There’s a hill that we headed down with a stoplight at the end. It was green so I was gathering up speed as we went down the hill. What I didn’t see was the light immediately following the first light. The second light was old and I didn’t see any light coming from it in the sunshiney glare of the afternoon. All of sudden I realize that Erik is slowing and stopping in front of me. Without even realizing he’s stopping because there’s a red light, I pull in the front brake and step on the back brake.

“Screeeeeech squeeeeeal” and then I’m stopped at the light. I had locked my rear brake and the bike started sliding to the right out behind me. Instinctively I let go and I felt the bike pull itself upright before I applied lighter pressure to come to the stop. I pulled up next to Erik; he looked at me with that “you rock” kind of look, and then I realized what had just happened. I started screaming “I have to pull over, I have to pull over!” As soon as the light went green, we pulled into a junk/used car lot that was on the immediate right corner…literally we rode 20 feet. In the lot I flung up my visor and sat staring ahead on the bike. I was shaking so hard my hands were all over the place. He leaned over and asked if I was ok. I said I didn’t know what happened. I felt the bike start to slide and my hand and foot let go. It was crazy instinct taking over. Thankfully it was good instinct! Erik’s response was “You’re taming the Beast.”

Me at the Oxhead Inn, Sturbridge, MA

Me at the Oxhead Tavern, Sturbridge, MA

After about half a minute we got underway again, and I’m telling myself inside my helmet, “It’s only another 12 miles or so, just ride.” We came upon Route 20 and the place we were headed, the Oxhead Tavern, was directly across the highway. We pulled in and I was very happy to get off the Beast. We know the Oxhead Tavern from going up for the textiles sale day at the start of Brimfield Week (it’s held in the conference center behind the Tavern). The Tavern is old. I love the hand-hewn wood and the giant fireplace (that uses real wood, no wimpy switch on the gas here). A pint of Guinness settled me down, as did a nice cup of New England clam chowder.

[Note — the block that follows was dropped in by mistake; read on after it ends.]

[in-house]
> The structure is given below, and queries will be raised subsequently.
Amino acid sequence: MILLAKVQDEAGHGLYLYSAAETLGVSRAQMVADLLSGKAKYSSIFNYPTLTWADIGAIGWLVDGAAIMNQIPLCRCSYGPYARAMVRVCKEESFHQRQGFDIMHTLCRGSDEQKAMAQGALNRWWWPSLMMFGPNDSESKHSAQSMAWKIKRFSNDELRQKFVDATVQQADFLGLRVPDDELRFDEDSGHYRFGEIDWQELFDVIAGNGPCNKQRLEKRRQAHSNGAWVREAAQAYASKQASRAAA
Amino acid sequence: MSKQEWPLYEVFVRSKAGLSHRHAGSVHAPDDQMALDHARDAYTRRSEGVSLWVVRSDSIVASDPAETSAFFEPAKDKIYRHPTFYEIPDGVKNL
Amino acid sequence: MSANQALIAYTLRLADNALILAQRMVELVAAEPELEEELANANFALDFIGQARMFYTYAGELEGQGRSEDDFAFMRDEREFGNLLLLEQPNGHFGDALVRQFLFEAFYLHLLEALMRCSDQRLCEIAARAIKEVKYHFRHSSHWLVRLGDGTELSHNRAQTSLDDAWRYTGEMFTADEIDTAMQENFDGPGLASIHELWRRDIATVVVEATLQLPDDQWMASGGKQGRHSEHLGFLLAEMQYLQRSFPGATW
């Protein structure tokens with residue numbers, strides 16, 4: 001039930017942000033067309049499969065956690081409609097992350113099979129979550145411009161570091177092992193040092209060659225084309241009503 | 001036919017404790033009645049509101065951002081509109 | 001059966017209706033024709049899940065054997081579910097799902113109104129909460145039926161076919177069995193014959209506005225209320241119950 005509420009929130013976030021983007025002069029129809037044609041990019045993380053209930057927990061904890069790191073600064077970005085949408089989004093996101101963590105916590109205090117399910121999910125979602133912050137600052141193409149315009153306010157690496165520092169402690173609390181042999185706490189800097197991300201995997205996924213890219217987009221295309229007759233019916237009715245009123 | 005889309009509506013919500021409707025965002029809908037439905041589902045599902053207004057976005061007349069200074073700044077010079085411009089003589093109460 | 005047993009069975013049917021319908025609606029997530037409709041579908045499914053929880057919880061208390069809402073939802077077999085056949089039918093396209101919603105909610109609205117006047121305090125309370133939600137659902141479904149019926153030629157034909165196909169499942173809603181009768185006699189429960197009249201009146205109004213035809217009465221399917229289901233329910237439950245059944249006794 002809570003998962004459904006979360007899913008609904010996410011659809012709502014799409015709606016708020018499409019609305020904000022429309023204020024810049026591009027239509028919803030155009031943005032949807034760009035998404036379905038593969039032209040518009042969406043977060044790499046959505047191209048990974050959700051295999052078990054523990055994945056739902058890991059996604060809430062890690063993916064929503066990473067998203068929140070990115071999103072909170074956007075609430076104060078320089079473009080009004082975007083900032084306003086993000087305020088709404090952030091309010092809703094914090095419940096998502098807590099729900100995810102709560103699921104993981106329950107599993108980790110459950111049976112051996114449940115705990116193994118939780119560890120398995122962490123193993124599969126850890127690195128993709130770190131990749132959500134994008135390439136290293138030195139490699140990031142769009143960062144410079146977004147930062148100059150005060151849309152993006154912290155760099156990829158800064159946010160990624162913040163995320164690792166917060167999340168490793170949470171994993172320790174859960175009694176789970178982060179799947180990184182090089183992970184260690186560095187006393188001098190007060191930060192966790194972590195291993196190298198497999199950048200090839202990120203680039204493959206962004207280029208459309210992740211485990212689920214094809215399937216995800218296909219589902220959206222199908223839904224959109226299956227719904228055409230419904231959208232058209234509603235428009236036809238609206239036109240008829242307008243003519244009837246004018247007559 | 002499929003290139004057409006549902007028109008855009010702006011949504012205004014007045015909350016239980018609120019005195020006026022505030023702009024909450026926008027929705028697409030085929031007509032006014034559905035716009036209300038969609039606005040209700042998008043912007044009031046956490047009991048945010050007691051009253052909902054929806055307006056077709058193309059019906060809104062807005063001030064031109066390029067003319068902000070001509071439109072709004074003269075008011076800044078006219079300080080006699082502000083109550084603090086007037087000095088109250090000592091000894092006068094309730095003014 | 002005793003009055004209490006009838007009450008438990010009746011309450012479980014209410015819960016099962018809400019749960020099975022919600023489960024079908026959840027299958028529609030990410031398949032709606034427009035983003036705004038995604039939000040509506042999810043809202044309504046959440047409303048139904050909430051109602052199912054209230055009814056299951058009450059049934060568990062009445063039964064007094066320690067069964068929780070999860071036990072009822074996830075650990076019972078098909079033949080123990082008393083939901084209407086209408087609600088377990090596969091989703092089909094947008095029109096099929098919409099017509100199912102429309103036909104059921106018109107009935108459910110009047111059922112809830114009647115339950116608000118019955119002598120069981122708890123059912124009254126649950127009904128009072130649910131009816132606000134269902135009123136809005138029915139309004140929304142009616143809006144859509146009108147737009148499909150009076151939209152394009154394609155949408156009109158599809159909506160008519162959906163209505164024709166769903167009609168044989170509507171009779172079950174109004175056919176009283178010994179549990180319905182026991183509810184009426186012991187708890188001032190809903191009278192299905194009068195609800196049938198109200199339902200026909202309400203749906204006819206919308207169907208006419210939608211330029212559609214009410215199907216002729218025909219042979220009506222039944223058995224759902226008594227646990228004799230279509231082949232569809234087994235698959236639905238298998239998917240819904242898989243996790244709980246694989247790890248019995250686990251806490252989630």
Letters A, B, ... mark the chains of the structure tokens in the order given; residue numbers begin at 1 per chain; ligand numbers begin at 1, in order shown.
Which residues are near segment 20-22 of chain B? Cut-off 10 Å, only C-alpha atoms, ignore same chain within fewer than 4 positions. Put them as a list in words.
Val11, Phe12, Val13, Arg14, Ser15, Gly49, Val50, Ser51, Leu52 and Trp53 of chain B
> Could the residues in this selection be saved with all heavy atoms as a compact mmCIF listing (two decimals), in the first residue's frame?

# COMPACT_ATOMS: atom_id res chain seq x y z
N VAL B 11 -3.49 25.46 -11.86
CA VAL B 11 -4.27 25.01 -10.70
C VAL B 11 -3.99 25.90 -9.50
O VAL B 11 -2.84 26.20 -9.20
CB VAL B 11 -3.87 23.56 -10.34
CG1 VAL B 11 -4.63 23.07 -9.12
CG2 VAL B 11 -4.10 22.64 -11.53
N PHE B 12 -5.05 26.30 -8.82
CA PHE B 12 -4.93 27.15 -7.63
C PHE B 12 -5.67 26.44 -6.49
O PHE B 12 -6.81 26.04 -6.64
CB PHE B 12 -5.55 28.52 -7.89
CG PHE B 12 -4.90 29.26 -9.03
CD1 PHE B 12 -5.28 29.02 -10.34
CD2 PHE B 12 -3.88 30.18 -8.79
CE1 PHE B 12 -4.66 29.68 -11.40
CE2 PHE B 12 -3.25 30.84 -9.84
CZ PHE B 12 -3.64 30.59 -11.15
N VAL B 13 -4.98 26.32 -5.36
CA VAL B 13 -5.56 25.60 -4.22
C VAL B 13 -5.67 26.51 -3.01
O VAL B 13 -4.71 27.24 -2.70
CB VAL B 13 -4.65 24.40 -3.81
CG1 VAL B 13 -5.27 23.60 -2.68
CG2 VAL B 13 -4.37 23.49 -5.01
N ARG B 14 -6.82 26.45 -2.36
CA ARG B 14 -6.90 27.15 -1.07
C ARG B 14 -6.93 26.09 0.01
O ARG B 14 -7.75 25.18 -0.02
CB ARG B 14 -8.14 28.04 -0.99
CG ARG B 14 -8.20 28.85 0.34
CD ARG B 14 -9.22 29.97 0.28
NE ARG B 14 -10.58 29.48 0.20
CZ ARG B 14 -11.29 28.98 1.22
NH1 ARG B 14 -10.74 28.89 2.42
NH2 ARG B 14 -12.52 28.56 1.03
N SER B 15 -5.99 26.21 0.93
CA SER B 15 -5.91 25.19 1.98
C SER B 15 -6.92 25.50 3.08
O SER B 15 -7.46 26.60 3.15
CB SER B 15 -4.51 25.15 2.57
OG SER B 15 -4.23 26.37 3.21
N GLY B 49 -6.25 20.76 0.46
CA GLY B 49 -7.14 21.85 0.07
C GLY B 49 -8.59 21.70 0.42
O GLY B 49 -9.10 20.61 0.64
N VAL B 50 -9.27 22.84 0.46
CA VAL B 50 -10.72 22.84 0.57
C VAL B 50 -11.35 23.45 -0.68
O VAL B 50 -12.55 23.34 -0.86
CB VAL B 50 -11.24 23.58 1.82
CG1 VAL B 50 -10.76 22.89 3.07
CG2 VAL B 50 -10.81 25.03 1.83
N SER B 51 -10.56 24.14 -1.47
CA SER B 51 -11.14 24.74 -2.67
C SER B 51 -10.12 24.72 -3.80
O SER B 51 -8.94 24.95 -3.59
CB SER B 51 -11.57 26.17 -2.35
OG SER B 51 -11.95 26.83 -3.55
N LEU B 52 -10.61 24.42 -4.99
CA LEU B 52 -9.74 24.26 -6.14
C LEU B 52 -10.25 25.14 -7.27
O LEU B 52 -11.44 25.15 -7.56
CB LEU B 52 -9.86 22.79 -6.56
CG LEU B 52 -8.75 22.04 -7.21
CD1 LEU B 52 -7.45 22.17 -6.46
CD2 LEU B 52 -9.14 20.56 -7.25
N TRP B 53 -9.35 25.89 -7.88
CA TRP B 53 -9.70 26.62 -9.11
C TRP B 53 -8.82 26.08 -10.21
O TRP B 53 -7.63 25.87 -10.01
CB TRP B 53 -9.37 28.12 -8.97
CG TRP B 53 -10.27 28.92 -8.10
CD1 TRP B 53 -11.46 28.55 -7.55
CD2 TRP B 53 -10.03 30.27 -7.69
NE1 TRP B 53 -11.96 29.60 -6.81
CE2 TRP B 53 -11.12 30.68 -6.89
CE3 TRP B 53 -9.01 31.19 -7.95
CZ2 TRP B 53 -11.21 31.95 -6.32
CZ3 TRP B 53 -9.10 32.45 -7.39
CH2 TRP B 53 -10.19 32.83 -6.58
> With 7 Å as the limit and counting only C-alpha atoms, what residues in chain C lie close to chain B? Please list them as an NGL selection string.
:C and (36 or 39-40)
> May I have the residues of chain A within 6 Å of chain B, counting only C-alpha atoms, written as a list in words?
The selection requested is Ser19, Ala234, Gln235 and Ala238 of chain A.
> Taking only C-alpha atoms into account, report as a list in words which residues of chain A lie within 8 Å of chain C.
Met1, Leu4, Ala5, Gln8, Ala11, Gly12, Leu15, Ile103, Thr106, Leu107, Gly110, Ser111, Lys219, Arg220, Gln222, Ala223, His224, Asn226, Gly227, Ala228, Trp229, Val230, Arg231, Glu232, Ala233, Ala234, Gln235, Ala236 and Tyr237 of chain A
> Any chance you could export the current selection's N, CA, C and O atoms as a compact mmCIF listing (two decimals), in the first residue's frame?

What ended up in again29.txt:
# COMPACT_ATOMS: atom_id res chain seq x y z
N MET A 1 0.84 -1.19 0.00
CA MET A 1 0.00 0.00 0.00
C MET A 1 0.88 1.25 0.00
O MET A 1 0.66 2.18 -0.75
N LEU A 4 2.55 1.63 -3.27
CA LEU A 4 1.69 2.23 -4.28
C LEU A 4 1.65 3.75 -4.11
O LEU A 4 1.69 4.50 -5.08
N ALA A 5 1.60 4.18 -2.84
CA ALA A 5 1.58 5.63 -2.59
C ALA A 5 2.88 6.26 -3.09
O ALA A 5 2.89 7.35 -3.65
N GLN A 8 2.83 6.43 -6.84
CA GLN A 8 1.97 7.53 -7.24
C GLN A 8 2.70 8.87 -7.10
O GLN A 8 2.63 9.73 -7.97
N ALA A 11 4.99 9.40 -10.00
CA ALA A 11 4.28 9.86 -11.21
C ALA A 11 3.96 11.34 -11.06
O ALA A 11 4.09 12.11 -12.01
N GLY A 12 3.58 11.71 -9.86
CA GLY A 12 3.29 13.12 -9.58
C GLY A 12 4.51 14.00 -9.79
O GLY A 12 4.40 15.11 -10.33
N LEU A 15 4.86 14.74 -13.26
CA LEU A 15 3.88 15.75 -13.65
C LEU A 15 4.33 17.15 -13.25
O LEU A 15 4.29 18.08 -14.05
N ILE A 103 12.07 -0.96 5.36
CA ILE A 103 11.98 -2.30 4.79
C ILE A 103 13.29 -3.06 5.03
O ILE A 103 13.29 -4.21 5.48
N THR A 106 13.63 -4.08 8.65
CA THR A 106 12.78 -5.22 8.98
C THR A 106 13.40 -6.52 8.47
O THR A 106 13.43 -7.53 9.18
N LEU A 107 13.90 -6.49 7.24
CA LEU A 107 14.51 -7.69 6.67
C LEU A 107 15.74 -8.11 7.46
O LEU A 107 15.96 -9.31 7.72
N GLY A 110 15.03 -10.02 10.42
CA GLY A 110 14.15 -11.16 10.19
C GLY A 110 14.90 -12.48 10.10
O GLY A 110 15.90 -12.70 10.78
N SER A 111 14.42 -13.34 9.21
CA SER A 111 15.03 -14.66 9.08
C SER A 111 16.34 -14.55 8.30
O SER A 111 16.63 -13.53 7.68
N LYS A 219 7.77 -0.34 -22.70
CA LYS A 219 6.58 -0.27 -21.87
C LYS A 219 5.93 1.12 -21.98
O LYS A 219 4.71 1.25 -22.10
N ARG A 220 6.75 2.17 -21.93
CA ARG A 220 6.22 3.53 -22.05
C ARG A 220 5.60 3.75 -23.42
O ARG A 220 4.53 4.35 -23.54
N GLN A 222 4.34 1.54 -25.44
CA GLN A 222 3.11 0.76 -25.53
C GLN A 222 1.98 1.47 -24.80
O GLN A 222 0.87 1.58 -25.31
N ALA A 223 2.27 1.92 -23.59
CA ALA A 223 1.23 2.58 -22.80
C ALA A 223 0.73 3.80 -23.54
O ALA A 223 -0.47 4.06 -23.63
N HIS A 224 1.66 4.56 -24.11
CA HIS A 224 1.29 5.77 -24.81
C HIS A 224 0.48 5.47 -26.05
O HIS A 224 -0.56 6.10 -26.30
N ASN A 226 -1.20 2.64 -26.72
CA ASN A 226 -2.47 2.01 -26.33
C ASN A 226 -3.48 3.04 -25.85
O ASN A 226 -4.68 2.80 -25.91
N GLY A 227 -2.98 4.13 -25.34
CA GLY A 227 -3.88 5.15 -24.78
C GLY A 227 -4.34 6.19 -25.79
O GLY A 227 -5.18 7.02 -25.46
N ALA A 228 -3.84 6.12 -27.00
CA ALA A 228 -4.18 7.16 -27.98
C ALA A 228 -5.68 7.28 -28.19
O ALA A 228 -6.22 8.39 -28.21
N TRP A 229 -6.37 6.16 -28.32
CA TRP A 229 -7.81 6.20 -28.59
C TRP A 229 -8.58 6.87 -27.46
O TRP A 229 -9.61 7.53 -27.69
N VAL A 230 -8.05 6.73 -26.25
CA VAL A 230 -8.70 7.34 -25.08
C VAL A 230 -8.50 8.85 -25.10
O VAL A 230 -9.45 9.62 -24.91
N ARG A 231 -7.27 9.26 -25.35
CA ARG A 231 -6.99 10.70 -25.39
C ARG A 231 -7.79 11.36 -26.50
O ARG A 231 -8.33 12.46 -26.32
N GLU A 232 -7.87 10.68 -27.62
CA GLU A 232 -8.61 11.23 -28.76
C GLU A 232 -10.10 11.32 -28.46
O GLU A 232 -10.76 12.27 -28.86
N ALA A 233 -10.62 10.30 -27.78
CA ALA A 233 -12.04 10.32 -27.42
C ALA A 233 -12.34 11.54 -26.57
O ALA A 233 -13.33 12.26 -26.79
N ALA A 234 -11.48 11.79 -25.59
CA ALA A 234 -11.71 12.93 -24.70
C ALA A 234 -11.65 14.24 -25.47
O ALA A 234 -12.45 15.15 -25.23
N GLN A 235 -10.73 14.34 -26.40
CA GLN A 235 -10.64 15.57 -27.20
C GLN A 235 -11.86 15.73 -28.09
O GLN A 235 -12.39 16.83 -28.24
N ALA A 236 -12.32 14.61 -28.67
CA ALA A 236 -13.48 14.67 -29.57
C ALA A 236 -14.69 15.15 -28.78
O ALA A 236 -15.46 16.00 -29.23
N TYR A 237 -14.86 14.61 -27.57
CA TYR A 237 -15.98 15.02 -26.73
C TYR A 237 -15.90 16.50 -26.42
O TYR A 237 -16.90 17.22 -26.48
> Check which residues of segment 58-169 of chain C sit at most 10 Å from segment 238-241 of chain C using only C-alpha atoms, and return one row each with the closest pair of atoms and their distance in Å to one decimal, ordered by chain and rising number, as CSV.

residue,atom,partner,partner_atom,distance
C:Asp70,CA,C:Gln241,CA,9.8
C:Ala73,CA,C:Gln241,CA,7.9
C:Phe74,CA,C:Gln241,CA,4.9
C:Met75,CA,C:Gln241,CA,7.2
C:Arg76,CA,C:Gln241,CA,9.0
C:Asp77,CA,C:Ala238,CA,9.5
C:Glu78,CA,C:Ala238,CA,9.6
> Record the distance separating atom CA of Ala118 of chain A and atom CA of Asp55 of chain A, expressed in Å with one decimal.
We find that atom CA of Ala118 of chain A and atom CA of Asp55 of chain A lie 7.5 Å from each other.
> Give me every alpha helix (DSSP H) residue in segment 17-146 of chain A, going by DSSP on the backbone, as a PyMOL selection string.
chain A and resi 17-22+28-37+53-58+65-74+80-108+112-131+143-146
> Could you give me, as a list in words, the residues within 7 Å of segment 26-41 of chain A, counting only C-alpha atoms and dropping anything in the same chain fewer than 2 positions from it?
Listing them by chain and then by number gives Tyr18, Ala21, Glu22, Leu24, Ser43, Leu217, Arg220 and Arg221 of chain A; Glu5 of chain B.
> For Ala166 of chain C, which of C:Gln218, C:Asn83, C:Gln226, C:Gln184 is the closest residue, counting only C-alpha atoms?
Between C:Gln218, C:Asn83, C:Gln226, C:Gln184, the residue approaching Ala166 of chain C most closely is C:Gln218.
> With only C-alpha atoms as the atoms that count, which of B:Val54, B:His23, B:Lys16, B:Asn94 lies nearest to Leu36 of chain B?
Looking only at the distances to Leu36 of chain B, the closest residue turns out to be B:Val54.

We plotted a different route home but got a bit off course (naturally). We eventually found ourselves on Route 12 which I knew would get us to Putnam and back onto Route 44. I suggested we swing off onto Route 102 in Chepachet on the way back. I love this road. It’s dark, it’s slow, it’s not well travelled, the tarmac is smooth, it smells nice. There’s not one thing to complain about. Before heading into the middle of nowhere, we filled up. My bike took twice as much gas at the Dream. All those CCs get hungry.

As we’re meandering along Route 102, I start thinking about deer. As in “I hope there aren’t deer here” and “I hope a deer doesn’t jump out” and “I bet the deer are afraid of the cars”. We come to the crossover onto Route 14 which will take us across the Scituate Reservoir and there are bright lights in my mirrors. I thought it was a car that had come up fast behind me (I had been watching the light from the distance approach ever so quickly). No, I was wrong. It was two jerks on giant bikes with three lights each in front who didn’t want to stop at the big red octagonal thing. I had barely gotten my feet off the ground and the first bike comes buzzing by me in my lane and then swoops around Erik. His idiot friend does the same. Just what I needed in the pitch black was to have the worst “cager” incident be with other bikes. I was so hoping to find bits and pieces of chrome and blue jeans all over the roadway in front of us at some point. No such luck so they can continue their harassment of other riders who want to take it slow (uh, posted speed limit of 35!) and enjoy the night air.